Living Memory project

Our Learning & Participation Officer at Royal Victoria Country Park gives her account of bringing the Living Memory project to life

The idea

Living Memory was a national, 141-day project developed by the Commonwealth War Graves Commission (CWGC) in 2016 to mark the 141 days of the Battle of the Somme. The idea of the project was to:

  • encourage local communities to engage with the war graves in their areas
  • remember the ‘Forgotten Front’ (the 300,000 war graves and burials in Britain from both World Wars)
  • return those servicemen to ‘living memory’

For me, as Learning & Participation Officer at Royal Victoria Country Park in Netley, the Living Memory project provided an ideal opportunity to engage local schools and raise awareness of the Royal Victoria Military Hospital that once dominated the site. I thought students would be interested to research casualties of the Battle of the Somme who were buried in the Military Cemetery and their findings would be an important contribution to our £3.1 million Heritage Lottery Funded project to bring alive the history of the Hospital.

Information from the CWGC regarding casualties of the Somme buried in the UK listed only one at Netley. Although around 133 of the burials in the Netley Military Cemetery date to the period of, and immediately after, the battle.

aerial photo of royal victoria hospital c1920


Our Living Memory project was therefore developed to engage a group of students in researching soldiers buried at Netley Military Cemetery during the period 1 July 1916 to 31 December 1916, looking for evidence of their involvement in the Battle of the Somme to report to the CWGC. As an additional part of the project, it was proposed that students should visit the Netley Military Cemetery to identify the headstones of casualties they were researching, and to map the WW1 graves in the cemetery as this information is not readily available at present.

Wildern School

I initially approached Wildern School through the Head of Humanities, Amanda Warner, having worked together previously on a WW1 anniversary event in 2014. We agreed that the Living Memory project would work well for a group of Year 11 students in an accelerated History class. Amanda told me the group would be interested in the topic and enthusiastic in their work and I wasn’t disappointed!

I made my first visit to Wildern School in September and delivered a workshop which covered:

  • history of the Victoria Military Hospital at Netley in the context of WW1
  • introduction to the Battle of the Somme through photographs and video
  • introduction to the CWGC Living Memory project and their role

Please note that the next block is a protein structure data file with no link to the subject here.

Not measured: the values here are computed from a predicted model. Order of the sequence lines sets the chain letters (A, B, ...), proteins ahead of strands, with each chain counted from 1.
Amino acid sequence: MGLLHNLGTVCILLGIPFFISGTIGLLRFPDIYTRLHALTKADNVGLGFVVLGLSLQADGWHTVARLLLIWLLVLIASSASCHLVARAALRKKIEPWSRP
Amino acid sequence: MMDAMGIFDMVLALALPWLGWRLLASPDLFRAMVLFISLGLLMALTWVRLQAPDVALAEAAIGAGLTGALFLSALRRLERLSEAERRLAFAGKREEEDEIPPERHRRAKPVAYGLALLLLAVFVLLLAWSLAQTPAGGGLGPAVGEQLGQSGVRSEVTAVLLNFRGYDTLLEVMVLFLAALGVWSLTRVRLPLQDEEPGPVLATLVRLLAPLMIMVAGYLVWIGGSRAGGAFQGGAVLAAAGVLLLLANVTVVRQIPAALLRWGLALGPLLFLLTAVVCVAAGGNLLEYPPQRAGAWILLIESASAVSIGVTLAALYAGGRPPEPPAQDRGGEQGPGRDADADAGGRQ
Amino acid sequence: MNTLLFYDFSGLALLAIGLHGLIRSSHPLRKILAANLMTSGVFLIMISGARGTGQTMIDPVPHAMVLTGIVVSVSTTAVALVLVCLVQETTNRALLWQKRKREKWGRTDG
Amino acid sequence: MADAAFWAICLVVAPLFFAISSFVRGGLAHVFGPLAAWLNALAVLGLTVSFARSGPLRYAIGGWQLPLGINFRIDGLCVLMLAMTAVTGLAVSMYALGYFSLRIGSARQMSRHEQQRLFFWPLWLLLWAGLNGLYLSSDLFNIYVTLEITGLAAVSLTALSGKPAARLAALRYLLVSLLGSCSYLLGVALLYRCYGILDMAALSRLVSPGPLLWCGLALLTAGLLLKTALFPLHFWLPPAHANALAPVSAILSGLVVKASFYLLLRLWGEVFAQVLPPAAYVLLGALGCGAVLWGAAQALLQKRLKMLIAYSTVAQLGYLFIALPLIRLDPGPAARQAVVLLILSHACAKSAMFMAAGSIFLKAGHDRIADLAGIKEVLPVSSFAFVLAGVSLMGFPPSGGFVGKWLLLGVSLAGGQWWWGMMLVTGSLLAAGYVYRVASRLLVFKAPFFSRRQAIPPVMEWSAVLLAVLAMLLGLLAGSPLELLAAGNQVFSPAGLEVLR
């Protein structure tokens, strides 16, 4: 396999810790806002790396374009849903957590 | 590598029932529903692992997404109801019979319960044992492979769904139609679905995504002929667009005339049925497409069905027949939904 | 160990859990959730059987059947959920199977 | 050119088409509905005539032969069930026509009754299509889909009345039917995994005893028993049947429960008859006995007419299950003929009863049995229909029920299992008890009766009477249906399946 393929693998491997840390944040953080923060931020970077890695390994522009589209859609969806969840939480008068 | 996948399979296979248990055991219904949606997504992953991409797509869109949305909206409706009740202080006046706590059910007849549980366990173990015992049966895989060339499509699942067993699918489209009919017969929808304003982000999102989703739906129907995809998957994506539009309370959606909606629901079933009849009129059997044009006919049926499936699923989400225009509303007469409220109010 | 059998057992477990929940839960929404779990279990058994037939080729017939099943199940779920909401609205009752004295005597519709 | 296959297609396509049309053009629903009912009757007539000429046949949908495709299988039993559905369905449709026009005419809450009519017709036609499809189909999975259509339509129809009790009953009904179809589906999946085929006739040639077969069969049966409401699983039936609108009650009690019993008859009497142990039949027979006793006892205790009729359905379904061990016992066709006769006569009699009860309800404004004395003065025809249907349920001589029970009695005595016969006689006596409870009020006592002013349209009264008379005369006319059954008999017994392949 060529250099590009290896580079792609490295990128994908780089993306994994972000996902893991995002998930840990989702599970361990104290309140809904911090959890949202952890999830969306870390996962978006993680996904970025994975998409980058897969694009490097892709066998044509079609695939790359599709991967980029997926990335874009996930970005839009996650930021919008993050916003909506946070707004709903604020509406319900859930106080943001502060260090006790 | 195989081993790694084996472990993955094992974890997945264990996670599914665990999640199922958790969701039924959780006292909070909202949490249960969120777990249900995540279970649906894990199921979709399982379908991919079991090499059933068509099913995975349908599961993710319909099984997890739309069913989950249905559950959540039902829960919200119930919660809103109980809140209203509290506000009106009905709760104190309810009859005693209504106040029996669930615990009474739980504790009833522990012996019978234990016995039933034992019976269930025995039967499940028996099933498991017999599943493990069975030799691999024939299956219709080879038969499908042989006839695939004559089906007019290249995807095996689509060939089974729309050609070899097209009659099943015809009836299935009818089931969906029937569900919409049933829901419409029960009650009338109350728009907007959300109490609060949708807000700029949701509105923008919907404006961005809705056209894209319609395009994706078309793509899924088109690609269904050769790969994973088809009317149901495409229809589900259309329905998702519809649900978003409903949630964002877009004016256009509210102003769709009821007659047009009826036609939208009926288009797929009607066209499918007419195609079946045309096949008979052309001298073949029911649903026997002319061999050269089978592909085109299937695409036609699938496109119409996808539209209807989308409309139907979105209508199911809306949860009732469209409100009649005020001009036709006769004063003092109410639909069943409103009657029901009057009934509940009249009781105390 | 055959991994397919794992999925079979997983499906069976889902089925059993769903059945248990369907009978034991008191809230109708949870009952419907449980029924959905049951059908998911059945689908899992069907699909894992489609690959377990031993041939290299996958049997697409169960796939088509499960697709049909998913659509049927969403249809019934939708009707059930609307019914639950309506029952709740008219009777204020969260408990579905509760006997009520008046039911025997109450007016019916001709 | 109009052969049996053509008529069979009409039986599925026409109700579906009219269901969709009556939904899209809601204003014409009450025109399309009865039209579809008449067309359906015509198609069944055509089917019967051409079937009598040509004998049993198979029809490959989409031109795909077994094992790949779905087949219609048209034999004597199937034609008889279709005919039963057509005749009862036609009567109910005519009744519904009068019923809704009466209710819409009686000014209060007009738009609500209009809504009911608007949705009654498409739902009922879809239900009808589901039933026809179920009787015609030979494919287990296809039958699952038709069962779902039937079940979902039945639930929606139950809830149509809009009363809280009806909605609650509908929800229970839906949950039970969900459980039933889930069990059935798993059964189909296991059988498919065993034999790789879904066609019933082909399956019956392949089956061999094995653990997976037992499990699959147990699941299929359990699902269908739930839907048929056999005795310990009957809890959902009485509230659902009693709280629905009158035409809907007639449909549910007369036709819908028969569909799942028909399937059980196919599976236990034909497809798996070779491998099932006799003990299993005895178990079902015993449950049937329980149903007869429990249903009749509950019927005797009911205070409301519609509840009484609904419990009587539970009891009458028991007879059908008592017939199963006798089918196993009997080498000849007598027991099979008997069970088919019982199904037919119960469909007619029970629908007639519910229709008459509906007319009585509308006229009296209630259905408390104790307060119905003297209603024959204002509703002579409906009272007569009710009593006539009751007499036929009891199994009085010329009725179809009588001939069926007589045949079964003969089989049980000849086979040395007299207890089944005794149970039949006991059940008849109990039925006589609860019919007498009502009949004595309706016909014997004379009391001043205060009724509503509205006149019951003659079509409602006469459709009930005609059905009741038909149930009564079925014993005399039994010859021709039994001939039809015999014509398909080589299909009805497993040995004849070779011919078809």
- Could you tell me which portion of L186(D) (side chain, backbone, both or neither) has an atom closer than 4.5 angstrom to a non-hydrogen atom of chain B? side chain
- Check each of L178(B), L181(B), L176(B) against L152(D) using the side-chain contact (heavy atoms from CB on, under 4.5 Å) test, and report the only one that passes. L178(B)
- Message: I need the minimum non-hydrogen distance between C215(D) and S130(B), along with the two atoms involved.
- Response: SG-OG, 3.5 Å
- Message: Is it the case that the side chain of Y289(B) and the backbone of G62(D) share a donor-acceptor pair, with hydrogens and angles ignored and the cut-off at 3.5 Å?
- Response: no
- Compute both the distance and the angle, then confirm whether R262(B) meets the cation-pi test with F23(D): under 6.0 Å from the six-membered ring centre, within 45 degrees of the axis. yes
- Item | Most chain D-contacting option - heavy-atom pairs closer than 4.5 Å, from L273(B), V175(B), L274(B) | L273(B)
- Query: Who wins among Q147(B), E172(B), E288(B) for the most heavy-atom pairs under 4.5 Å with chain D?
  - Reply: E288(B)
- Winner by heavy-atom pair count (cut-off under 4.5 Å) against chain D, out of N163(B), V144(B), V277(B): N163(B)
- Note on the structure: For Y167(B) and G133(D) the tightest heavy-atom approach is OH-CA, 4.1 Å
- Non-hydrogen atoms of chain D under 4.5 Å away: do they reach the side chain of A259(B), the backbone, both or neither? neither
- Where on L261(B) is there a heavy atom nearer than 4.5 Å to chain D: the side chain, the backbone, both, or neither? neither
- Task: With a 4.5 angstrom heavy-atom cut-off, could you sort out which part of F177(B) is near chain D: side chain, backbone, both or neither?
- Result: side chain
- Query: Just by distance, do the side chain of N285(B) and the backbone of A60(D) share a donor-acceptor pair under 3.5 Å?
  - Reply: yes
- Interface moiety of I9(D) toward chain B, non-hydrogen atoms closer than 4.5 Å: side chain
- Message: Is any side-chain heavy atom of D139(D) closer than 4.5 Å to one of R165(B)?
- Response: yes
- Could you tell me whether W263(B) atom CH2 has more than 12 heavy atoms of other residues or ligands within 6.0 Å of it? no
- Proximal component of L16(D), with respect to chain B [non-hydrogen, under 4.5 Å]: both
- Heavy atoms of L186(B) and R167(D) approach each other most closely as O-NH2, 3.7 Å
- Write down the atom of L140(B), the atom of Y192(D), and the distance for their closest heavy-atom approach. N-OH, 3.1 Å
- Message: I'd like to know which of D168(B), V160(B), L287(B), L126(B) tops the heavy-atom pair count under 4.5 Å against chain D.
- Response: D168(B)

• sources of information and specific online records (e.g. CWGC, Ancestry, Find My Past, Forces War Records and regimental websites)

Information was left with the school about all the burials in the Cemetery from the period of the Battle of the Somme and immediately after (1 July 1916 to 31 December 1916) and students self-selected soldiers to research. Students had different reasons for their choices. For some, it was the soldier’s name that caught their attention, for others it was the nationality or regiment.

By the time I returned to the school in mid October, the students had already made a good start on researching their soldier. They were able to discuss in some detail what they had discovered and what they still wanted to find out. We discussed how to interpret primary sources and infer information, the importance of cross-checking information from different sources and ways of organising the information to support their argument (important if their findings were to be submitted to the CWGC). will be something that they, and we as a school, will remember with pride.


Read a report from Amanda Warner, Head of Humanities at Wildern School

On Saturday (yes, Saturday!) 15 October 2016, we led a group of the students on a visit to the Netley Military Cemetery. Students (and school staff) were so keen on the project that they gave up time on a Saturday morning for their cemetery visit, knowing that, as Year 11s, they would not be able to do this in school time. They achieved a great deal in their time on-site, including:

  • locating the WW1 burials in the Cemetery
  • identifying the headstones of the soldiers they had researched
  • Recording information from the WW1 Church of England headstones as part of our project to map the war graves

Royal Victoria war graves

The timing of the cemetery visit, after students had begun to research their chosen soldier, made it a memorable experience for students, with several commenting that it “felt different” and “more special” to ‘know’ the person and not just read a name on the headstone. It was really clear that the CWGC’s aim to “return those servicemen to living memory” was already being achieved through these students’ work.